When you Can’t Go Back

8 days ago I nuzzled a 3yo snuggler awake. My touch was soft, gentle. She didn’t want to wake up yet but still she turned to me and smiled. 

This morning I settled a thrashing 3yo awake to shake her from her own nightmare. “No, no, no!” she wailed and rolled and screamed. When she felt my touch, she flenched and fought more. She thinks I’m at her bedside to help a stranger force pricks, pokes, and pain.  

8 days ago, my brave and compassionate 5yo comforted her little sister. “It’ll be ok, Annie. I’ll push you for a ride around the hospital.” Yesterday, Audrey clawed my legs and shrieked in hospital bathrooms, protesting having to leave me for another night. “No one ever let’s me do anything here!!! It’s always about ANNIE!” 

8 days ago, I was dreading but hopeful about Annie’s third open heart surgery. Today,  I’m sitting next to my normal acting girl who’s still in the ICU because of a post op complication. Every morning the anxiety grows again as a team reminds Annie that she can’t eat at 4am, X-rays her at 5am, then starves her until 9 debating their decision. Annie has a pleural effusion, which is a significant amount of fluid filling up the pleural space between her right lung and chest wall.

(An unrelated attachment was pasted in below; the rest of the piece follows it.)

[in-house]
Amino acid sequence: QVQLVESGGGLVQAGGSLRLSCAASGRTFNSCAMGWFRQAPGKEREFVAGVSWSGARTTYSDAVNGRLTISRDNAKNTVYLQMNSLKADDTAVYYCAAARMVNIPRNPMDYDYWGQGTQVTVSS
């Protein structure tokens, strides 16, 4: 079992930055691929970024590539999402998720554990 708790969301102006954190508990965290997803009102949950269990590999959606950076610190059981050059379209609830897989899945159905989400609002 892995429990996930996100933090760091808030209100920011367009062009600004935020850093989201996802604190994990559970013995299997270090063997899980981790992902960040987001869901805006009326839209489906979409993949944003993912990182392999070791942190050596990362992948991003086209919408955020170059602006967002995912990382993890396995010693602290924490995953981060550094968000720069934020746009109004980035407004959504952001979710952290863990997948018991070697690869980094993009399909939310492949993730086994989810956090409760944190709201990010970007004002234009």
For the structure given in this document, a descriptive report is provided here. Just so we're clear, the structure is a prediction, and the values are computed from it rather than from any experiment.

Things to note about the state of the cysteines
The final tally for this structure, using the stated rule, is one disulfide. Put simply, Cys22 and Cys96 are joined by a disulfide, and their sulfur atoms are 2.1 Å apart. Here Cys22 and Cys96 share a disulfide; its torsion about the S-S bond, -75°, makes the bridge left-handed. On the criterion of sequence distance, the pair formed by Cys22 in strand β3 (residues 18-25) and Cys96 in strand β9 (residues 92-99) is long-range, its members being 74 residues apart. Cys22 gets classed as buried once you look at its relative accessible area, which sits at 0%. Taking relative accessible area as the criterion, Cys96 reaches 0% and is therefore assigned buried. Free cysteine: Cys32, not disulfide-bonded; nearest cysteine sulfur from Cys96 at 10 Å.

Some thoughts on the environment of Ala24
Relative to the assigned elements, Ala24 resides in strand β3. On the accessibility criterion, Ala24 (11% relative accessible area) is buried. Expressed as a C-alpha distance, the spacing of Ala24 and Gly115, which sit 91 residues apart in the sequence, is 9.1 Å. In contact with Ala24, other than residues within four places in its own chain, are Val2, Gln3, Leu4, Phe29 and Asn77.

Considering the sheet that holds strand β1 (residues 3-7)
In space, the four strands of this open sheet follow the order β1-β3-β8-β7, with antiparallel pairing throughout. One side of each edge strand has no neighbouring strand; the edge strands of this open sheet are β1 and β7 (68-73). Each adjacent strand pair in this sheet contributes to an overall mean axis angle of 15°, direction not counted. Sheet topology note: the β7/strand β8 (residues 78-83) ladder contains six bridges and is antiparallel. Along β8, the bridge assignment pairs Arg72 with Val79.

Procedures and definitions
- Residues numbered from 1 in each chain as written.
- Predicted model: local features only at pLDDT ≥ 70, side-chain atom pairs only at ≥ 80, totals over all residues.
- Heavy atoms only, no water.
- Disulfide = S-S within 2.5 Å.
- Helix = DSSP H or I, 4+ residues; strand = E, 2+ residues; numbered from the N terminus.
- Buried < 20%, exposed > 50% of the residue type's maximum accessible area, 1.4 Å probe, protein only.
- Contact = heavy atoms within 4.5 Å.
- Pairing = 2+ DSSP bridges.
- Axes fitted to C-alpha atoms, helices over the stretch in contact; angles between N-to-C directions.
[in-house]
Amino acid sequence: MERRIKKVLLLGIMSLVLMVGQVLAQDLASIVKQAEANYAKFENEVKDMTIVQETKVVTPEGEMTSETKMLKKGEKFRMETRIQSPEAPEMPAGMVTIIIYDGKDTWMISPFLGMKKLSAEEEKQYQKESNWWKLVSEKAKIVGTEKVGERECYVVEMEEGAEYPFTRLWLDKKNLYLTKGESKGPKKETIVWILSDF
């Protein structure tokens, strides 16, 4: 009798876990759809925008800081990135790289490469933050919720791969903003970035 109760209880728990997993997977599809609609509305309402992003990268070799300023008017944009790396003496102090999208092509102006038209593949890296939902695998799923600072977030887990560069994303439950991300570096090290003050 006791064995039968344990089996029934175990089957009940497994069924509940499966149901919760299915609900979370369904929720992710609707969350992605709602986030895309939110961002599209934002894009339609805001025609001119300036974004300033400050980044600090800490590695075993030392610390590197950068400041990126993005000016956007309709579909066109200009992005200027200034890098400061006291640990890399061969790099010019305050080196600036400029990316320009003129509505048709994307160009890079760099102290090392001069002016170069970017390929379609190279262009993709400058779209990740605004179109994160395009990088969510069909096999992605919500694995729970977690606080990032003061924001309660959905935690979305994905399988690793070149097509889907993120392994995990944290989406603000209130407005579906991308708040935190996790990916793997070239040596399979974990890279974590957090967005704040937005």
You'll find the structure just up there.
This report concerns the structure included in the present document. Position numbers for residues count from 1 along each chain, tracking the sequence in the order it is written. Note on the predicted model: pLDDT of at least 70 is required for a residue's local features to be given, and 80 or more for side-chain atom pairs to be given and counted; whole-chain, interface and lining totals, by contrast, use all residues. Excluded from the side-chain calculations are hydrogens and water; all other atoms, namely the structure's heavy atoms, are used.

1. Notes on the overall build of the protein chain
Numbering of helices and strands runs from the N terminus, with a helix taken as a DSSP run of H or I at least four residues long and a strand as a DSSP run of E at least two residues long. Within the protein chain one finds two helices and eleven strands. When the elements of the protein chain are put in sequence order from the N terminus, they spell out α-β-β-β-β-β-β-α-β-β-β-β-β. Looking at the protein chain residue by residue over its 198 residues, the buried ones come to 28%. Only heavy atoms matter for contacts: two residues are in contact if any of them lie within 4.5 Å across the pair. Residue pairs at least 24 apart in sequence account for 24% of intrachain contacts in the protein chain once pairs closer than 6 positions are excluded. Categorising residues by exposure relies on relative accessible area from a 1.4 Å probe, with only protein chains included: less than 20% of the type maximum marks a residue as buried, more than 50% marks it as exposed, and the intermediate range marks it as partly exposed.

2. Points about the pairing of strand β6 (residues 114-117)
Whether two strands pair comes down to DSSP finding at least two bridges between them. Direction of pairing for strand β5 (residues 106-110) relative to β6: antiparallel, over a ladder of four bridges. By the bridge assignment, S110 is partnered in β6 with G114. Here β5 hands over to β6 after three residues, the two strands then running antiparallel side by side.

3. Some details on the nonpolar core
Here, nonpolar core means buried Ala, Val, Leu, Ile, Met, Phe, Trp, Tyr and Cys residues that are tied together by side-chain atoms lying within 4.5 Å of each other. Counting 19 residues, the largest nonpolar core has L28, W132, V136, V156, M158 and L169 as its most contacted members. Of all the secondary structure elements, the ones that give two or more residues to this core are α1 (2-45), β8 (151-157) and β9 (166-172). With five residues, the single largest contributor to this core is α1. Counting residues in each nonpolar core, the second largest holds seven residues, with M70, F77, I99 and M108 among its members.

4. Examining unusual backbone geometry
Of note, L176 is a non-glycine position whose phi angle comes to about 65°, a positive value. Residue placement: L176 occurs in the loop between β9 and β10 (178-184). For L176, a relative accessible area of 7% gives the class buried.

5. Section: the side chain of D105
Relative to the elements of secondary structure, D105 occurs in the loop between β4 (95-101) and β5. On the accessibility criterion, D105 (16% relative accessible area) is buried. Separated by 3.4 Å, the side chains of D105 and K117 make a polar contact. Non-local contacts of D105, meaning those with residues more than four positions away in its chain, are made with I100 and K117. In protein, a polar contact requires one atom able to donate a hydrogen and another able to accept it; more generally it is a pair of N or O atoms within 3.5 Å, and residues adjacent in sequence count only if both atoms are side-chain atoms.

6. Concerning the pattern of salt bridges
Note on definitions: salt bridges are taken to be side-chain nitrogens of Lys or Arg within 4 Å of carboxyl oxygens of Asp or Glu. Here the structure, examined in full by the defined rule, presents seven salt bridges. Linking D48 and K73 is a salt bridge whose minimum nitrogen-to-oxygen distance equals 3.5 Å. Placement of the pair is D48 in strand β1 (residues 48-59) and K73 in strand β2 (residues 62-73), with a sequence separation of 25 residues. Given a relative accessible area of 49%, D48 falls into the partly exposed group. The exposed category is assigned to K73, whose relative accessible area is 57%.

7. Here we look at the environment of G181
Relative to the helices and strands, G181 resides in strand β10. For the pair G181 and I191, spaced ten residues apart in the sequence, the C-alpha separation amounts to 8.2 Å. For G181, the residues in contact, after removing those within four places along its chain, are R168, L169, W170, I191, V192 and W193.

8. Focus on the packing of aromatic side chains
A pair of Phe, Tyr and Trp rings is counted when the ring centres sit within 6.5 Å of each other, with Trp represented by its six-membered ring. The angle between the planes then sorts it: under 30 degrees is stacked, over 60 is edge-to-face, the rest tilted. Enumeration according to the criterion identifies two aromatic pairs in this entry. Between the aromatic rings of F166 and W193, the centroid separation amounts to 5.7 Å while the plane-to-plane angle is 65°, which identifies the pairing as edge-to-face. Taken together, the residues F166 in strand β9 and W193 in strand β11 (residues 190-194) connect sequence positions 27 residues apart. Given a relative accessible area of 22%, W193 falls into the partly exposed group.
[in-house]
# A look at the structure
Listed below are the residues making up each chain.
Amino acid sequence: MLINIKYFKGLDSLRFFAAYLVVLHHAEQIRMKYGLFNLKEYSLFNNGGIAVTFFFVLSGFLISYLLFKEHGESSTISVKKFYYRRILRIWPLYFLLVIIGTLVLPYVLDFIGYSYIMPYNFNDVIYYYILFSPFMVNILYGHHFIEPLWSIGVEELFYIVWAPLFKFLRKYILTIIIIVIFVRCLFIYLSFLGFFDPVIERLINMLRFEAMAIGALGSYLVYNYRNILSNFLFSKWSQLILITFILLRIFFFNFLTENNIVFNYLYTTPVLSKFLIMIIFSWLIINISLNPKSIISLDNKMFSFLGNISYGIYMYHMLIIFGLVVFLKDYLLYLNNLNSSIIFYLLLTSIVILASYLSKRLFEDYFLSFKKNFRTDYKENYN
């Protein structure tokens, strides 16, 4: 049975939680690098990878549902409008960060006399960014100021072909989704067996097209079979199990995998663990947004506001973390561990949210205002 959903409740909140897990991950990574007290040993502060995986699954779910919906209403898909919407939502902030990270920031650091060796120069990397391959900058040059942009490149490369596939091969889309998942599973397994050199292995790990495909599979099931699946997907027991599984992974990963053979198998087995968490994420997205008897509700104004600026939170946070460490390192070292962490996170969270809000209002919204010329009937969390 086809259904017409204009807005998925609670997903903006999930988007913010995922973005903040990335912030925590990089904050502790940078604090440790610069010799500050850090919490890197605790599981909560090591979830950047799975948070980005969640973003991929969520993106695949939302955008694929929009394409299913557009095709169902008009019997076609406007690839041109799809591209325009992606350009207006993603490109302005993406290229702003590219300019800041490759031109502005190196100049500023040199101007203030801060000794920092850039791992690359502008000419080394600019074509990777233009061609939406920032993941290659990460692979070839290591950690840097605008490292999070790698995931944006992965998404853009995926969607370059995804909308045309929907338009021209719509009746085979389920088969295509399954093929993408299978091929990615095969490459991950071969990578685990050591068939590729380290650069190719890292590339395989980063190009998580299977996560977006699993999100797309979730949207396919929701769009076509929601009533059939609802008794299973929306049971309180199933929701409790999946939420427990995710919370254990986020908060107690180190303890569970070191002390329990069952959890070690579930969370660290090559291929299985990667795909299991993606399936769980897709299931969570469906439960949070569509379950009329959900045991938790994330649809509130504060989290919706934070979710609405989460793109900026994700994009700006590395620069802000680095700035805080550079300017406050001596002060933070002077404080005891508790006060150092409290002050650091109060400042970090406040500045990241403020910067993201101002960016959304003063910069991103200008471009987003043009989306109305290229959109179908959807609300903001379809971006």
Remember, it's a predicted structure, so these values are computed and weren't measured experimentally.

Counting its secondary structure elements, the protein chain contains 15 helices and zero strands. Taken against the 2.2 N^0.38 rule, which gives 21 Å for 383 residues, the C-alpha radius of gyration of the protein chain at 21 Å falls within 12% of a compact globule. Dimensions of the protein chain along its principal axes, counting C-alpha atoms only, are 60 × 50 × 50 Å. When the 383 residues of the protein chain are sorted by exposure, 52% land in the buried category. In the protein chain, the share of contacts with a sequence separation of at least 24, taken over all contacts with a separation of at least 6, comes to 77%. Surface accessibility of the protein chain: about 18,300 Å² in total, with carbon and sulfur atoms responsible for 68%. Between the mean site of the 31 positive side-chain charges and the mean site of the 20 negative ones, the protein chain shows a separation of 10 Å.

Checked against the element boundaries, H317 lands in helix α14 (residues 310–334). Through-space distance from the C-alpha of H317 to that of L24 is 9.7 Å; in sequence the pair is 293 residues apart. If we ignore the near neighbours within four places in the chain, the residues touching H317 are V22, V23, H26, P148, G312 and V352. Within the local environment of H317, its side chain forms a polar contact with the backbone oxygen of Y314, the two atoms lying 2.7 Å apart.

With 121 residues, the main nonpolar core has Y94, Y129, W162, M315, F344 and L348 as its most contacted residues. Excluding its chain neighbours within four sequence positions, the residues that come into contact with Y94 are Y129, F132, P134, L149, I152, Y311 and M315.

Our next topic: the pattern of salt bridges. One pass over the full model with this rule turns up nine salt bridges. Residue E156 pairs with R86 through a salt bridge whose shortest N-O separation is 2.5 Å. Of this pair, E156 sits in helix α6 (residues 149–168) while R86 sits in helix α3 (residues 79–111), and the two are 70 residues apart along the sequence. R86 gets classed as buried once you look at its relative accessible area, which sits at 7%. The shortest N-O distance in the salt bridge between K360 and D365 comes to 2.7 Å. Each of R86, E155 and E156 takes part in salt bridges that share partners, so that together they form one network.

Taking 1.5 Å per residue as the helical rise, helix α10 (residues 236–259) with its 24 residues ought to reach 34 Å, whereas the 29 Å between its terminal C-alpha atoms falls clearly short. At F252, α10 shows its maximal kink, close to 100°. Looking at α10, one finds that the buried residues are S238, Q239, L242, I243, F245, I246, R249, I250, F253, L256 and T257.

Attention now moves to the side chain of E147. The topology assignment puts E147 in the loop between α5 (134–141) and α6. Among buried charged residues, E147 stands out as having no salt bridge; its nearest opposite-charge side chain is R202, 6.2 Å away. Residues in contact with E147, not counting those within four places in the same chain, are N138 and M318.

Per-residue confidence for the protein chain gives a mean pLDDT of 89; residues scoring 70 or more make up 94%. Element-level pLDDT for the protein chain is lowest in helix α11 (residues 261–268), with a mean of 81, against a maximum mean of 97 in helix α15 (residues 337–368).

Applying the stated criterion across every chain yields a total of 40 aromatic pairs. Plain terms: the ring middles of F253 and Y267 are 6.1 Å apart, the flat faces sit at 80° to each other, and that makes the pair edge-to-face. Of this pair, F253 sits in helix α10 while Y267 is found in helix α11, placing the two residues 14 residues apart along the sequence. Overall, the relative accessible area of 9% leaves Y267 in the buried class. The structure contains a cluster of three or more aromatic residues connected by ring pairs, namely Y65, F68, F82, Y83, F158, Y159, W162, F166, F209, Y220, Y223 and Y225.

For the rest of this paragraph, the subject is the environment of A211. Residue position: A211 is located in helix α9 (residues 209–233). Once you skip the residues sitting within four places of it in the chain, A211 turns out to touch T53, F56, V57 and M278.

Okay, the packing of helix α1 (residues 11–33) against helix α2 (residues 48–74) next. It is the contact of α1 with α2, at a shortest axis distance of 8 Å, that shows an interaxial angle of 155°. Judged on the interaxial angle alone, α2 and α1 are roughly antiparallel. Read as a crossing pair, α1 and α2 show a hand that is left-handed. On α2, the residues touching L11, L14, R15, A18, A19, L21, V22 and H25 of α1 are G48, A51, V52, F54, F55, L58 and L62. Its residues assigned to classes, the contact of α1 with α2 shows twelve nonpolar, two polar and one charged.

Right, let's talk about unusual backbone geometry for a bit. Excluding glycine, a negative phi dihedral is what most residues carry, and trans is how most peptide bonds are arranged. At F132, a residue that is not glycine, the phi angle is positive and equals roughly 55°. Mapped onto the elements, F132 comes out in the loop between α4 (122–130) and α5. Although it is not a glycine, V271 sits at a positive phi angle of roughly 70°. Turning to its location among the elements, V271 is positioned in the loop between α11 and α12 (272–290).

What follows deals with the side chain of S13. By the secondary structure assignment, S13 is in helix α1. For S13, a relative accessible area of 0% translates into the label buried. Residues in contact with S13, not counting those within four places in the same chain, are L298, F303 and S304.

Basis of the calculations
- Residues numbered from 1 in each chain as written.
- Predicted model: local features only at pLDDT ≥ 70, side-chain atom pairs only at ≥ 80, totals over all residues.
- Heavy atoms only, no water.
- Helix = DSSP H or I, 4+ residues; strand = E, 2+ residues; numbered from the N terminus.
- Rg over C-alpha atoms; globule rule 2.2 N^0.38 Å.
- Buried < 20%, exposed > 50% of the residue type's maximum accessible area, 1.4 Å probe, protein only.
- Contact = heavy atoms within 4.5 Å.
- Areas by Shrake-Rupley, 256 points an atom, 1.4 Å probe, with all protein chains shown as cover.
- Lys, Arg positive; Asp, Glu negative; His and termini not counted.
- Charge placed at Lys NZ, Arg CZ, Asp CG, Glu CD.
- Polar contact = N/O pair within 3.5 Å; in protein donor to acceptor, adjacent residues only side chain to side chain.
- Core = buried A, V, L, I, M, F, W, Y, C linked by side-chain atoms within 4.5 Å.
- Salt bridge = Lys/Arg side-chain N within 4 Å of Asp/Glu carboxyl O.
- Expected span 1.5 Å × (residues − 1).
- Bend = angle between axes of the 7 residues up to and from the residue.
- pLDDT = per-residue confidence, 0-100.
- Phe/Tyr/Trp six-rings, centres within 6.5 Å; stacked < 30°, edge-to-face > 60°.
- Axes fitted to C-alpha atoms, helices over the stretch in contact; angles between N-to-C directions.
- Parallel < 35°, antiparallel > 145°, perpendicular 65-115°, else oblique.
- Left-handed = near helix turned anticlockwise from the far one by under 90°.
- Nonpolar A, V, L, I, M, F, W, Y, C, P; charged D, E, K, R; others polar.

I can hardly remember who we were 8 days ago: rested, agreeable, thinking we might have gone home by now. Now in survival mode we’ve forgotten about home. Trading off nights asleep on hospital couches, arguing for midnight meds to be moved, pretending the beeps aren’t sounding, trying to manage my own trauma every time blue scrubs come through the door. ​

Last night we asked each other why we wanted this. Today I’m knowing my name is the one on that consent form. I’m responsible for her nightmares, her real life terrors that are justified. Our decision is the reason for the distress and dysfunction and desperation we can’t escape right now. ​

​We’re thankful Annie’s surgery went well but we are weary in the waiting. We have hard days behind us and hard days in front of us. This strange fight for survival isn’t over yet.

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4 thoughts on “When you Can’t Go Back

  1. Annmarie says:

    I am someone who has never met you, but found you through Ever Thine Home blog last week. I am touched by your countless entries of beautiful, honest, brave, encouraging words. I’m sure you don’t always feel encouraging, but you are doing an amazing job at being mama, following after Jesus, and shining Jesus’ light for others, even in the questions, struggle, and doubt. I am sorry for your pain. I am praying for each person in your family, and the very real and deep, oh so weary ache of right now. I want to say a special hello to Annie: Hi Annie! And a special hello to Audrey: Hi Audrey! Audrey, your name is beautiful and my own little girl is named Audree as well. And her best friend is named Annie. : ) Praying for all four of you, and that God will show you some beauty in the pain sometime today.